Read the full nomination:
Moon House Complex_Redacted


Ballard-Sego Coalmine Historic District
Grand County

Statement of Significance: The Ballard-Sego Coal Mine Historic District in Grand County, Utah has statewide significance under Criterion A, B and D in the context of coal mining in the Intermountain West. It is a complex archaeological and architectural site that relates to and can provide information regarding exploration and development of extractive coal mines and mining townsites throughout the region. The Ballard-Sego Coal Mine was active between 1900 and 1954, the period of significance, with its primary period of productivity between 1912 and 1949, while it was served by the Thompson-Ballard railroad spur. The Ballard-Sego Coal Mine is one of only three Utah coal mines outside Carbon County, Utah. It is a pristine archaeological example of coal mining industrial and community development, as it existed only during coal mining operations and has not had additional development in the decades since the mine closed. The Ballard-Sego Coal Mine is significant under Criterion A for above and below ground remains of early twentieth century coal mining and associated mining operations. The mine is also significant under Criterion A for its exceptionally rare and unique mix of vernacular dugouts, single miner cabins and non-company housing as well as more typical company-constructed housing and commercial buildings. The Ballard-Sego Coal Mine is the both the best example in Utah, and only example outside Carbon County of such mixed construction. The Ballard-Sego Coal Mine is significant under Criterion A for its historically rich and diverse ethnic heritage. Like other coal mining towns in the region, the Ballard-Sego Coal Mine supported a large, segregated ethnic population, including a long-term Japanese community, unusual in the Intermountain Region. The Ballard-Sego Coal Mine is significant under Criterion B for its association with prominent regional rancher, merchant and explorer Henry (Harry) G. Ballard. Harry Ballard rose from an immigrant range-hand to become an explorer with the 1889-90 Robert Stanton Colorado River Survey and later an influential businessman and developer. Harry Ballard both founded the nearby town of Thompson’s Spring and patented and developed the Ballard-Sego Coal mine. The site is also significant under Criterion D for its potential ability to provide archaeological evidence of its rich physical and cultural history. Although it has few standing buildings, the Ballard-Sego Coal Mine is one of the best preserved early coal mining developments in Utah, with visible remnants of major coal mining features, roads, and vernacular and planned residential and commercial buildings. The identified archaeological artifacts are well preserved due to the site’s isolation and dry climate, and further exploration should yield an even better understanding of early 20th century coal mining operations in the Intermountain Region and the lives of miners and their families

Read the full nomination: This nomination is not available for publication.

 


Harold W. & Evelyn Burton House
Holladay, Salt Lake County

Statement of Significance: The Harold W. and Evelyn Burton House, constructed in 1923 in Holladay, Utah, is locally significant under Criterion B in the area of Architecture.  The period of significance reflects the time that the Burtons occupied the house, 1923 through 1930.  The house was designed by and was the primary residence for Harold W. Burton, his wife Evelyn, and their four children.  Harold Burton was a prominent architect in Utah at the time.  His wife, Evelyn, was active in developing Gilmer Park Subdivision, now listed as a part of the Gilmer Park Historic District.  She was also one of the principal owners of that project.  Burton’s firm, Pope & Burton, designed several significant and iconic buildings in Utah and the region during the time he lived in the house.  Because of health reasons he moved to California in 1930 where he continued to design many temples and meetinghouses for the Church of Jesus Christ of Latter-day Saints (LDS Church) in the U.S. and Canada during his prolific career.  He ultimately moved back to Utah and became the Chief Supervising Architect for the LDS Church, so his influence is felt worldwide in the buildings he designed and projects he supervised. Although much of his work of importance continued after he moved from here, this house is the best preserved of his residences in Utah., the others having been impacted by a loss of historical integrity. For this reason, the Harold Burton House is significant and eligible for inclusion in the National Register of Historic Places.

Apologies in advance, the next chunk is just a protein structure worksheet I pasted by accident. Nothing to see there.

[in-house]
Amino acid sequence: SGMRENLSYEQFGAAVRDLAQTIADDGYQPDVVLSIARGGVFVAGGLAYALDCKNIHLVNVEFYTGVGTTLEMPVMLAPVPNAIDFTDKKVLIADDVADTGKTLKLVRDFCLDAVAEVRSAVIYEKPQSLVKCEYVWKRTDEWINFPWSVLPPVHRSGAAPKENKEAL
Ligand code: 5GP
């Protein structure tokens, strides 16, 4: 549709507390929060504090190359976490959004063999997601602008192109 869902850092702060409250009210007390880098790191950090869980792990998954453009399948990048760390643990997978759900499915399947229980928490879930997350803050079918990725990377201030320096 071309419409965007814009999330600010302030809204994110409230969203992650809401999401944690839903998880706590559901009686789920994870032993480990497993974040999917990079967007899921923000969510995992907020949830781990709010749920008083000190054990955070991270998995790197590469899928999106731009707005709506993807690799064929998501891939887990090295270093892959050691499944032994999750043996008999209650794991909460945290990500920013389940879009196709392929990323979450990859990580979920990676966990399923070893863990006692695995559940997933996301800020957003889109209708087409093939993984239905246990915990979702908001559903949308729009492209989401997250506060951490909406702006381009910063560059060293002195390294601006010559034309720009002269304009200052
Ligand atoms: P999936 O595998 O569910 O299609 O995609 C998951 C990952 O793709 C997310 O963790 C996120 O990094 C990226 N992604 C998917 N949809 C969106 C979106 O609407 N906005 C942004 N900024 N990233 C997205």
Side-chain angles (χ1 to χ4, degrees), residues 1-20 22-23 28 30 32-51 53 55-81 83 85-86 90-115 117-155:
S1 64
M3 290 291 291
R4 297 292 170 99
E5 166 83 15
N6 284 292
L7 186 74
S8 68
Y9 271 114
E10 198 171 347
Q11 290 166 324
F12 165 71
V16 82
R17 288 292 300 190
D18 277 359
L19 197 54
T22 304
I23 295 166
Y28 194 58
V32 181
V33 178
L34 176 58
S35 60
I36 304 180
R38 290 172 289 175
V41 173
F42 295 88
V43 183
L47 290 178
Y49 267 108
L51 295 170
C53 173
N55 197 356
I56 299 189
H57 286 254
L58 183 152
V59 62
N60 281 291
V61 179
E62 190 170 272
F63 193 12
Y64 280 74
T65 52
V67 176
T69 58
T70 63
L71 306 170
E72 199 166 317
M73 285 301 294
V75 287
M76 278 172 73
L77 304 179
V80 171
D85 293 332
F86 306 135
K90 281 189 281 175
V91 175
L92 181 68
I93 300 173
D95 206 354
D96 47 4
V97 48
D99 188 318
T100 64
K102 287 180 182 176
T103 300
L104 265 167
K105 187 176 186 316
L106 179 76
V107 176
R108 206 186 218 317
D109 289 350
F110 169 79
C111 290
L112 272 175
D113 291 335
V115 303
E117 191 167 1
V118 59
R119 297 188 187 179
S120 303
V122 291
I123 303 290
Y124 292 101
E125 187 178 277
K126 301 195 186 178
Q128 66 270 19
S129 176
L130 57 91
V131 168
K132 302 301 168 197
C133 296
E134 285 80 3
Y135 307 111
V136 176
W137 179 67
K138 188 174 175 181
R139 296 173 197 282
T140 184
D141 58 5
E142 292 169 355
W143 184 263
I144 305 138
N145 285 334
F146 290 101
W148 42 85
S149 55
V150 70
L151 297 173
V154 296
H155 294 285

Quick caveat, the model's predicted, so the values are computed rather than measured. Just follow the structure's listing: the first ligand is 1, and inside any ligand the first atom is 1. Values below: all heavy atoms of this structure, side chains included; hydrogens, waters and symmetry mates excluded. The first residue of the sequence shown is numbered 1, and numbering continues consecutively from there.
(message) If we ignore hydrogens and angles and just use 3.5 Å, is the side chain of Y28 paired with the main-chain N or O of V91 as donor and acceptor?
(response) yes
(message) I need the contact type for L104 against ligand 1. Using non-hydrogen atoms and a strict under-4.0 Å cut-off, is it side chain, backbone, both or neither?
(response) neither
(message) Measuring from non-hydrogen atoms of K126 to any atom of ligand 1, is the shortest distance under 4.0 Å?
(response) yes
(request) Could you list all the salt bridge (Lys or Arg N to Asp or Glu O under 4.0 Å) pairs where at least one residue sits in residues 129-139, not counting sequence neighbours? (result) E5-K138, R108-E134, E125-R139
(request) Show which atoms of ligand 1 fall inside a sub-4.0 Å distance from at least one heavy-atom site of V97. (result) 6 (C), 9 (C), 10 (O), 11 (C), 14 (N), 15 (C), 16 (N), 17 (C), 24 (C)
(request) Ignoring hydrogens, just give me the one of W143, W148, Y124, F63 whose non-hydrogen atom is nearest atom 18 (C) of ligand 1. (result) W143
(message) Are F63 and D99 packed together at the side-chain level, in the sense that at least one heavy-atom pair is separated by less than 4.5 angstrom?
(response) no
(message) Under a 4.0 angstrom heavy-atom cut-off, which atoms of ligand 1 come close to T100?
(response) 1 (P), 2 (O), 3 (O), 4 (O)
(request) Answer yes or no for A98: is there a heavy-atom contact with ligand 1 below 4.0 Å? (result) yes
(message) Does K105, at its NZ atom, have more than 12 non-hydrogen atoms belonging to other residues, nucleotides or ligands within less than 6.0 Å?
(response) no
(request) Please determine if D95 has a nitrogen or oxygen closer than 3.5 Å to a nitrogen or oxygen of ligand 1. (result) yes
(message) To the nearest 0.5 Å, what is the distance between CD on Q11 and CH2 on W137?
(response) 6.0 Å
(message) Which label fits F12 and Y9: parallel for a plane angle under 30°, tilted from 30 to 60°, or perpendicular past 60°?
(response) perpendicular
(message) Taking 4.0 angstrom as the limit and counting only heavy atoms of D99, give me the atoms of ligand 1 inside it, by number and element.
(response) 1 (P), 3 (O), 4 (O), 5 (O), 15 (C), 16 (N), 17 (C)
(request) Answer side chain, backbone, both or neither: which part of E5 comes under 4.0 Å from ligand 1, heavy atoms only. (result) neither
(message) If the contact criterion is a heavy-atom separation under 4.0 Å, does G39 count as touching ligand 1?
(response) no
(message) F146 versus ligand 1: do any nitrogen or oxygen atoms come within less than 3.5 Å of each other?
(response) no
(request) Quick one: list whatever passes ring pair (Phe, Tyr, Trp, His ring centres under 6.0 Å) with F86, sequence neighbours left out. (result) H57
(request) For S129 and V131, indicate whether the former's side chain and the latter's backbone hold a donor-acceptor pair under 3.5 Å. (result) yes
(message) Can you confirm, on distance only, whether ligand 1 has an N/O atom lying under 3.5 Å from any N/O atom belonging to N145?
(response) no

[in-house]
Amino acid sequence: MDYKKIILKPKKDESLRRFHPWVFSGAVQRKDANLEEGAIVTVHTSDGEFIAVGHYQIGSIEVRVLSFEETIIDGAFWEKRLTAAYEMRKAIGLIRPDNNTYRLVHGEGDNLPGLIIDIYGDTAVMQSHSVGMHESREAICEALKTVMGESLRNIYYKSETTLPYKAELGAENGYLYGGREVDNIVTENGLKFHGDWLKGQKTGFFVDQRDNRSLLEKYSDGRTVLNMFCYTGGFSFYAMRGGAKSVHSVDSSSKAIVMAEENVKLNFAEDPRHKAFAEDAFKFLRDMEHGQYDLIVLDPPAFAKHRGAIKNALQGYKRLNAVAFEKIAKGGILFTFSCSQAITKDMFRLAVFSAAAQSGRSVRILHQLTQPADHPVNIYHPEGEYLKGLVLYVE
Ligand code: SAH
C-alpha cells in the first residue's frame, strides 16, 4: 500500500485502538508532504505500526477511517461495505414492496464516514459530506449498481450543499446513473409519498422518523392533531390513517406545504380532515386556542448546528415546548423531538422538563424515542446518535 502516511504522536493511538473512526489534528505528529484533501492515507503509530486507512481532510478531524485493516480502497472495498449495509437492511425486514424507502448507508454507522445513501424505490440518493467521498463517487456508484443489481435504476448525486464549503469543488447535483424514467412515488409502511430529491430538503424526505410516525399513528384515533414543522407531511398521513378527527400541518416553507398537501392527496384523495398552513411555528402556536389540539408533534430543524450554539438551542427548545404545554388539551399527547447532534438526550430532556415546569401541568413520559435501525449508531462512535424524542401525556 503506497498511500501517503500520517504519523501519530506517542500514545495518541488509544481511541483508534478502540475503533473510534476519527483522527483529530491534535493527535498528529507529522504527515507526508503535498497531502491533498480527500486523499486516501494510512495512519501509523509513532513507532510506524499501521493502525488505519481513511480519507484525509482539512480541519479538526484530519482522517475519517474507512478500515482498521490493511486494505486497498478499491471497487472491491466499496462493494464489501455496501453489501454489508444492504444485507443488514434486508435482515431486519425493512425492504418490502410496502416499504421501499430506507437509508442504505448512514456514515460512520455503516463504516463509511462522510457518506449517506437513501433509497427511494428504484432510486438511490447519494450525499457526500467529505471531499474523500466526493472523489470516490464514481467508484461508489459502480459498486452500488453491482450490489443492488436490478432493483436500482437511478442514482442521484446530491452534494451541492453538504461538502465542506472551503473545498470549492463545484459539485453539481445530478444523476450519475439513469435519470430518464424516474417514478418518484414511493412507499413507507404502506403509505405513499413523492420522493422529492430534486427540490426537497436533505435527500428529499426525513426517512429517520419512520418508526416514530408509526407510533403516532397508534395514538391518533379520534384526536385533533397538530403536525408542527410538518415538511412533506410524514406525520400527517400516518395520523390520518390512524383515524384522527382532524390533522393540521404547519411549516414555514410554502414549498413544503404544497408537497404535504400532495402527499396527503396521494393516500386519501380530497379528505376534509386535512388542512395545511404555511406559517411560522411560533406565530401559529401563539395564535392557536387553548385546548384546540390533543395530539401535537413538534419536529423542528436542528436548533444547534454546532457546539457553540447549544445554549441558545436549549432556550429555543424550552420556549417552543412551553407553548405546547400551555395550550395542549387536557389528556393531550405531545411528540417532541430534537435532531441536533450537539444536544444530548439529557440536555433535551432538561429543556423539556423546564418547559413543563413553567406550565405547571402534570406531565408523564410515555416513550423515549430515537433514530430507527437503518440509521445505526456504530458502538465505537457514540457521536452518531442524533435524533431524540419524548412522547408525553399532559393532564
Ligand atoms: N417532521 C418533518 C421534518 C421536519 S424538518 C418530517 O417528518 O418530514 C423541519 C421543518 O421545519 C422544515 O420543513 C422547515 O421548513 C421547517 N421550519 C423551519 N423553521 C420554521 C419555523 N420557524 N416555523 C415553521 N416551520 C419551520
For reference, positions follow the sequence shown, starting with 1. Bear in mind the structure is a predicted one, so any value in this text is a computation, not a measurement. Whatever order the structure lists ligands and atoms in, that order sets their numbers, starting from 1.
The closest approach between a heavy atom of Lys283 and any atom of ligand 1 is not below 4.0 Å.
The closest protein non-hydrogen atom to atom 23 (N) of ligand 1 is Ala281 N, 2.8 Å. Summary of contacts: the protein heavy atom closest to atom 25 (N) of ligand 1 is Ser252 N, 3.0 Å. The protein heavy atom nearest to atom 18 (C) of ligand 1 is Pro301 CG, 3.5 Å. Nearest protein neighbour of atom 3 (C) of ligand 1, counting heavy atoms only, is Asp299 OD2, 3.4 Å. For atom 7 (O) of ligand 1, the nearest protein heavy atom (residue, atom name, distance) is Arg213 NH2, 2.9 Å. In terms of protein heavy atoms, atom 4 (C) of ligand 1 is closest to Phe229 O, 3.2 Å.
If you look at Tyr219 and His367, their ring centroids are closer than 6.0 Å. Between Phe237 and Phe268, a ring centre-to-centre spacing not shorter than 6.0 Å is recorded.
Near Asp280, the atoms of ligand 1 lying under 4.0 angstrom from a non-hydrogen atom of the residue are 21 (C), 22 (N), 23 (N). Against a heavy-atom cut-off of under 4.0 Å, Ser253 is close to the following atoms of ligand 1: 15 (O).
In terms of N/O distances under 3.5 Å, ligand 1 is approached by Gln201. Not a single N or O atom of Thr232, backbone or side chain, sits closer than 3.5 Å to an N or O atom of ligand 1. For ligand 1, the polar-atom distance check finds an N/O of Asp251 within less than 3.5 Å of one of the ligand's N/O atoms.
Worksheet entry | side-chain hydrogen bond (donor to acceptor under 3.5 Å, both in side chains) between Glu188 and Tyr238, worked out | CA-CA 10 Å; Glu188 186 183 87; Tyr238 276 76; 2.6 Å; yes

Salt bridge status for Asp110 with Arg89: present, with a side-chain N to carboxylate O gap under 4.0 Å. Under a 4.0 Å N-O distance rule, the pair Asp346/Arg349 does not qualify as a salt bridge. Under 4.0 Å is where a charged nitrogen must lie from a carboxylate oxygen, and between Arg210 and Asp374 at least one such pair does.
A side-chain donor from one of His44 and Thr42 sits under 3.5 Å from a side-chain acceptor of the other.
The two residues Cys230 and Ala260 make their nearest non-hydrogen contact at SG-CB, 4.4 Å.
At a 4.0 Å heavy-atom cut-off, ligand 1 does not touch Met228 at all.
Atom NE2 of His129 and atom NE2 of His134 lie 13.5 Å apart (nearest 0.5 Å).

Read the full nomination:
UT_Salt Lake County_Harold & Evelyn Burton House


U.S. Post Office, Provo
Provo, Utah County

Statement of Significance: The U. S. Post Office qualifies for the National Register of Historic Places under Criterion C at the local level of significance. Its period of significance is its construction date, 1937, onto the date of its addition in 1966. Alterations are evident but kept this building a viable asset and the building has retained its architectural integrity.
For these reasons, the building remains integrity under Criterion C as the renovations it has undergone have maintained its distinctive character both on the interior and exterior, and the property continues to possess distinctive characteristics of the period and features prominent art in the conserved mural done under the WPA.